Our Prayers to God

O daughter Babylon, you devastator!  Happy shall they be who pay you back what you have done to us!  Happy shall they be who take your little ones and dash them against the rock!   (Ps. 137:8-9)

I find these words to be very encouraging.  I don’t find these words encouraging because I want God to hurt any little ones, or because I want God to destroy everyone who has ever hurt, betrayed, or turned against us.

I find these words encouraging because the psalm’s author takes his most primitive feelings and repulsive thoughts to God.  He doesn’t sanitize them to make nice.  He doesn’t varnish them to sound holy.  Instead, he cries out his darkest desires, trusting that God will hear and take it all.

To understand the words of this psalm, we need to remember that the Babylonians had just sacked God’s city, Jerusalem, and had just destroyed God’s house, the Temple.  Everywhere the Jews looked they saw devastation and slaughter.  And then the Babylonians took the remaining Jews into exile in Babylon.  It makes perfect sense that the psalm begins this way:  “By the rivers of Babylon—there we sat down and wept when we remembered Zion” (v.1).

Have you ever wanted revenge or harbored hatred?   Have you ever desired your enemies destroyed, your betrayers vanquished, all the scores evened?

Because the psalmist doesn’t know how to “sing the Lord’s song in this foreign land” (v.4), he cries out these terrible words about children being killed.  His words are the screams from his terror and anger.  His words encourage us to cry out whatever is in our hearts to God.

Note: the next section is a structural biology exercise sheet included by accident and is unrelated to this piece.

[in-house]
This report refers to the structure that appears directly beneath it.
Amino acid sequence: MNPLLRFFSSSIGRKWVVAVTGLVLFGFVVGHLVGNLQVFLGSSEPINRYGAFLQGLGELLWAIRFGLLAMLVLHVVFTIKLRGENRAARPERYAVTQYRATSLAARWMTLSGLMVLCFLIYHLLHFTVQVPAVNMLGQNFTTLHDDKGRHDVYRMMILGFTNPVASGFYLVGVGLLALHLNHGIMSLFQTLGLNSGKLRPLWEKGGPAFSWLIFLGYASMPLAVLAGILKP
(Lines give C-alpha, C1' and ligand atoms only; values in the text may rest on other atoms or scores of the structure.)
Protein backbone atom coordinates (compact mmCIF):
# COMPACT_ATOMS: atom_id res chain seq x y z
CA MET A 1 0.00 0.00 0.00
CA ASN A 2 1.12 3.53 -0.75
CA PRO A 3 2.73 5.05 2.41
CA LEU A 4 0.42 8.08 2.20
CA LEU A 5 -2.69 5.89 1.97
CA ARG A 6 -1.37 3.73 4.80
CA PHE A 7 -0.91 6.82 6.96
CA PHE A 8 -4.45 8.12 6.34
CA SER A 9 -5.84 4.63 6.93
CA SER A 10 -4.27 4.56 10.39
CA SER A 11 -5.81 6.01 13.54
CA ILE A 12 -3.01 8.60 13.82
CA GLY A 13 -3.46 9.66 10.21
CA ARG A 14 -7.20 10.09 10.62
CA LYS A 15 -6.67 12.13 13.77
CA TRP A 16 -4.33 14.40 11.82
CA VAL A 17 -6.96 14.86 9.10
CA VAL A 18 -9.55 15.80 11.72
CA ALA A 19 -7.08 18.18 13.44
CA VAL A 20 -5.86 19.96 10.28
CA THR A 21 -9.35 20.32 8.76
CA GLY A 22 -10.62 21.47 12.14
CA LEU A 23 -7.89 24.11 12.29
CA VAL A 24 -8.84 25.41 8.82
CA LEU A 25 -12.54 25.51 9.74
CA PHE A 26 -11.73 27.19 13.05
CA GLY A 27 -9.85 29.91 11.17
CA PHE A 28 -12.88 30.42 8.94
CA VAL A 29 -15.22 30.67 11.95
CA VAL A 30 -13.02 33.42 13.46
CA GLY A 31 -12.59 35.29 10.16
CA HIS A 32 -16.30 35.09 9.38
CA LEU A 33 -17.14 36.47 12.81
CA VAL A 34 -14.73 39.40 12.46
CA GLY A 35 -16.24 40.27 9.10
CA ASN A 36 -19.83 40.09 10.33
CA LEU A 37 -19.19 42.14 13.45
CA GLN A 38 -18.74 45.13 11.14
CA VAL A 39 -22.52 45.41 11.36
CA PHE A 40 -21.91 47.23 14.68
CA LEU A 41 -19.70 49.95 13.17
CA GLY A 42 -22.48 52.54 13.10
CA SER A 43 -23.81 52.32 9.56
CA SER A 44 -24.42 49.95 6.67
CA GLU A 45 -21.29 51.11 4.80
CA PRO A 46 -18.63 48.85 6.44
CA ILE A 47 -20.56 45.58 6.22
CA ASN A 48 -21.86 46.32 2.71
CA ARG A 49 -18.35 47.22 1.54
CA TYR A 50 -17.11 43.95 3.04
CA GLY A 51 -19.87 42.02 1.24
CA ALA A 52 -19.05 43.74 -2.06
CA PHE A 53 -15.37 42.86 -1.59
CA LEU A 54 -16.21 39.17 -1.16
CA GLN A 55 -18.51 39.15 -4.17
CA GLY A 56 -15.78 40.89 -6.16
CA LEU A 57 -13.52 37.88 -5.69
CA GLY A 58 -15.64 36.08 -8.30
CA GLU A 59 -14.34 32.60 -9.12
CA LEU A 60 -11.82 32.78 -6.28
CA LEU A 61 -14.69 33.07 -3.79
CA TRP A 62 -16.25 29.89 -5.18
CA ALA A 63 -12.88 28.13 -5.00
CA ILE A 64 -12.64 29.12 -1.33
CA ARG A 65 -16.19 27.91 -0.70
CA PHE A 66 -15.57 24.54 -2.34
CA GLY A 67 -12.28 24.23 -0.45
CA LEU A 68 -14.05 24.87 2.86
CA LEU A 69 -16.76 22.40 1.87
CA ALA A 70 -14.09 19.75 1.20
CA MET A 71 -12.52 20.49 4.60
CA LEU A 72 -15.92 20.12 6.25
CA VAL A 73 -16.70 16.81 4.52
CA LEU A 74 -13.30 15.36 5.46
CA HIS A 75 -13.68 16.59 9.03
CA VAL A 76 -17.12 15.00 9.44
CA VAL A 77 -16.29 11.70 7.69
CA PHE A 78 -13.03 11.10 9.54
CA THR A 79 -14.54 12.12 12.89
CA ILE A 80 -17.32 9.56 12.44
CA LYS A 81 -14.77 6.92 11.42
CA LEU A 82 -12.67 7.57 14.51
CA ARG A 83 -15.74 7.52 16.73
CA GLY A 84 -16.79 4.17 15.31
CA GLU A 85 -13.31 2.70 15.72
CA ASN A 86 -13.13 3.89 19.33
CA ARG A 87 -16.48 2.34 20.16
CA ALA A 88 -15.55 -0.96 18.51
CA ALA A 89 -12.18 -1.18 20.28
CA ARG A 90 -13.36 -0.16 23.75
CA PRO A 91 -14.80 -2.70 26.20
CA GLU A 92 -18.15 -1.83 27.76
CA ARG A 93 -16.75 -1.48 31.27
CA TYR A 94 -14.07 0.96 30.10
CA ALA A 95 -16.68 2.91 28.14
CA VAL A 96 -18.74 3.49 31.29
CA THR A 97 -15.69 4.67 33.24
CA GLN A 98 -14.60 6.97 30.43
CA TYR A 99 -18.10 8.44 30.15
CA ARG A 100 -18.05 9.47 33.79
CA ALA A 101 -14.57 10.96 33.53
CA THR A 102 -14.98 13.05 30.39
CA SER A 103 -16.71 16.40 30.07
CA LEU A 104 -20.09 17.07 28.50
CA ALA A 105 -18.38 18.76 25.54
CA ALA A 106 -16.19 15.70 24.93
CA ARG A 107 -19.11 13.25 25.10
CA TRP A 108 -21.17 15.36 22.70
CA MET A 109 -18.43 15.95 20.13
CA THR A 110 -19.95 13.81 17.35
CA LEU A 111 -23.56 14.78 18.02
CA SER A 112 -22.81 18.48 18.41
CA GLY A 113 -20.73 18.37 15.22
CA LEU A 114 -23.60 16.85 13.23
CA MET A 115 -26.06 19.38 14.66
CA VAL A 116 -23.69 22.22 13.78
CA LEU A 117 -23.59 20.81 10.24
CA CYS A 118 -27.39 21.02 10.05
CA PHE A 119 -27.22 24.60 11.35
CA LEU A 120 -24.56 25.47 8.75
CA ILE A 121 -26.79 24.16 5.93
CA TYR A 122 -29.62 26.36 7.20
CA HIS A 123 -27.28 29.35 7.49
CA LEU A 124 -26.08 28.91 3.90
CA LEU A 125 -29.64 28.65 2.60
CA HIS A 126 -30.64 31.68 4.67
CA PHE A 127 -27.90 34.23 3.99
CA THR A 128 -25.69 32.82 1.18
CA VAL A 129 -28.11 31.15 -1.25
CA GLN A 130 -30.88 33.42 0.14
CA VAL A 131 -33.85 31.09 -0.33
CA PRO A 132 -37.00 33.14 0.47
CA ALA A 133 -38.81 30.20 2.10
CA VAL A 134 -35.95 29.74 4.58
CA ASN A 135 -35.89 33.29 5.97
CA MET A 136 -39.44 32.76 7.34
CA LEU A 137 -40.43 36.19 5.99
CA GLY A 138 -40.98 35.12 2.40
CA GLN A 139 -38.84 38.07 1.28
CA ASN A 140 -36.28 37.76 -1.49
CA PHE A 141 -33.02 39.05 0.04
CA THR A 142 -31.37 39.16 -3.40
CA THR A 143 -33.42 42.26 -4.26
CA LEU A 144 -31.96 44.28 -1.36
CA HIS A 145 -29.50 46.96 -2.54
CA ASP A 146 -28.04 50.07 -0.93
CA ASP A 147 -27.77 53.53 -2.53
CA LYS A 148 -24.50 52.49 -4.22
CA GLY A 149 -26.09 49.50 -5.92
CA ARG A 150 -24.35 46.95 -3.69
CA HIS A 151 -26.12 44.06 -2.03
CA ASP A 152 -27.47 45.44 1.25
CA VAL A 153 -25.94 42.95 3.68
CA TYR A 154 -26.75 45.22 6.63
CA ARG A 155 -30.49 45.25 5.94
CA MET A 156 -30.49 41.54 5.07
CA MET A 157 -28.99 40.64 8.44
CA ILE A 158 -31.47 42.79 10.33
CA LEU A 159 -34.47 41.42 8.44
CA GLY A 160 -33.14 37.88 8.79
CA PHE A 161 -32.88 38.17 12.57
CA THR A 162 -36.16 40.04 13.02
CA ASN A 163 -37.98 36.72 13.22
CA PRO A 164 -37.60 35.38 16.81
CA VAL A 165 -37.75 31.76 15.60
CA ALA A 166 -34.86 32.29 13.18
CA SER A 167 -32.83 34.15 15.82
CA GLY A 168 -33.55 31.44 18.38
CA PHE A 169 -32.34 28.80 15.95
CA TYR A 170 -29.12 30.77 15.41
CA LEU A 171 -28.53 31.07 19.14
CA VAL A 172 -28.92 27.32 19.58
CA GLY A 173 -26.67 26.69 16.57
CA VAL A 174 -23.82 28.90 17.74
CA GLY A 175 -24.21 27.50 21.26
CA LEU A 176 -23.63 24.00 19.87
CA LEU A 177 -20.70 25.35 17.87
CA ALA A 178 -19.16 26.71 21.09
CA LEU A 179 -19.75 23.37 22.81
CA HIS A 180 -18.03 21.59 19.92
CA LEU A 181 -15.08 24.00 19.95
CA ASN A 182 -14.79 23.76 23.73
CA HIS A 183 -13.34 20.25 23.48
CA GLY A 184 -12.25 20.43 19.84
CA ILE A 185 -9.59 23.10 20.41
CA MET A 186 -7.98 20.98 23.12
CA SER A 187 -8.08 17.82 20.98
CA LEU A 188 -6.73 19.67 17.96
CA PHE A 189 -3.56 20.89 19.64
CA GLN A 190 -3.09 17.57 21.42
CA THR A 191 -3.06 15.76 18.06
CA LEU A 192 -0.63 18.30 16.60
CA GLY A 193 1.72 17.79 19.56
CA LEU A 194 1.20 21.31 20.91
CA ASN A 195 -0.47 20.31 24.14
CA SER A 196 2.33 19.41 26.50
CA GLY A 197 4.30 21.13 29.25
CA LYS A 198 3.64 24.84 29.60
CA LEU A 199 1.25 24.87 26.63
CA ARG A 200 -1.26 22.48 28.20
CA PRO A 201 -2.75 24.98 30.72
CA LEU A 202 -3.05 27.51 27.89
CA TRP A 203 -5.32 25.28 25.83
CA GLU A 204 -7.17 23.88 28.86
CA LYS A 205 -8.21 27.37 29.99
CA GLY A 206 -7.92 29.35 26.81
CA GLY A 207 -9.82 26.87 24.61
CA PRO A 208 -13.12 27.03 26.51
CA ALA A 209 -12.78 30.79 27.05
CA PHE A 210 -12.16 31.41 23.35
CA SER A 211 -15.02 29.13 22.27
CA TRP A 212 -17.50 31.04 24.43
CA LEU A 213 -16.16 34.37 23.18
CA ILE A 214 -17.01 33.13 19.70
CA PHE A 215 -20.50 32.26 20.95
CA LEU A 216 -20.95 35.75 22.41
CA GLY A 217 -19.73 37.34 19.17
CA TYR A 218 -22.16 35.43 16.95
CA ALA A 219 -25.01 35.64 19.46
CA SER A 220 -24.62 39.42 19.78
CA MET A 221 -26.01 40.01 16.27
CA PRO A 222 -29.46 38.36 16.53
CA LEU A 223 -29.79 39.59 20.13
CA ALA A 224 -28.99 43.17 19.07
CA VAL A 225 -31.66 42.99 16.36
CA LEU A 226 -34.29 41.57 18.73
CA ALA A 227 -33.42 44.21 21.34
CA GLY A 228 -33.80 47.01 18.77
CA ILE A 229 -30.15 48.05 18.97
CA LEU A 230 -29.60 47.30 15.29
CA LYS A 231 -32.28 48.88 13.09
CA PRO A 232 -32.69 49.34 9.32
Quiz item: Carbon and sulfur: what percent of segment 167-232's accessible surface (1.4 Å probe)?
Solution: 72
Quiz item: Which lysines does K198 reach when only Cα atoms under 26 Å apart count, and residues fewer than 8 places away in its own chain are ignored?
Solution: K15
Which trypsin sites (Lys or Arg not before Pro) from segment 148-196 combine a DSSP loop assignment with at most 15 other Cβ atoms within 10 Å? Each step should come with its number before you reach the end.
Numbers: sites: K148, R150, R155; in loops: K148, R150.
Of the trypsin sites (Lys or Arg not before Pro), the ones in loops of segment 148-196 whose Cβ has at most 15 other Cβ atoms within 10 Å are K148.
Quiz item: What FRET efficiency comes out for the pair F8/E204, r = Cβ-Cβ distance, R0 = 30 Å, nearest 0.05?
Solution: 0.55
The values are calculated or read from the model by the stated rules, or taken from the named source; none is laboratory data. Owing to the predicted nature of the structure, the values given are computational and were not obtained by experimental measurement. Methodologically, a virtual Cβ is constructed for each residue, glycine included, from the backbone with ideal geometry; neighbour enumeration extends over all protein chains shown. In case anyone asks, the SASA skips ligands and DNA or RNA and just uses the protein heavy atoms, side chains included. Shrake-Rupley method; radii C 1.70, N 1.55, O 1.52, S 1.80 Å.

When we clean up our words to God our prayers dry up.  When we try to sound holy our praying becomes dishonest.  God doesn’t want some buffed-up version of who we are.  God just wants us to trust Him with our prayers—no matter how primitive, brutal, or ugly.

The more we bring all that’s most human, real, and dark to God, the more room we give God to bring His grace to our grief, His comfort to our pain, His peace to our turmoil, and His healing to our wounds.

Reflection Questions:

  1. Are you brutally honest in your prayers, or do you try to clean them up so that you appear more holy? If so, how’s that working for you?
  1. When we hold back and don’t tell the truth in our most important relationships, they drift, wither, and die. Why would we ever think the same wouldn’t be true with God?
  1. In the spirit of today’s psalm, isn’t it time for you to cry out your deepest, darkest, and most ugly thoughts and needs and desires to God? Will you give yourself permission to do so?

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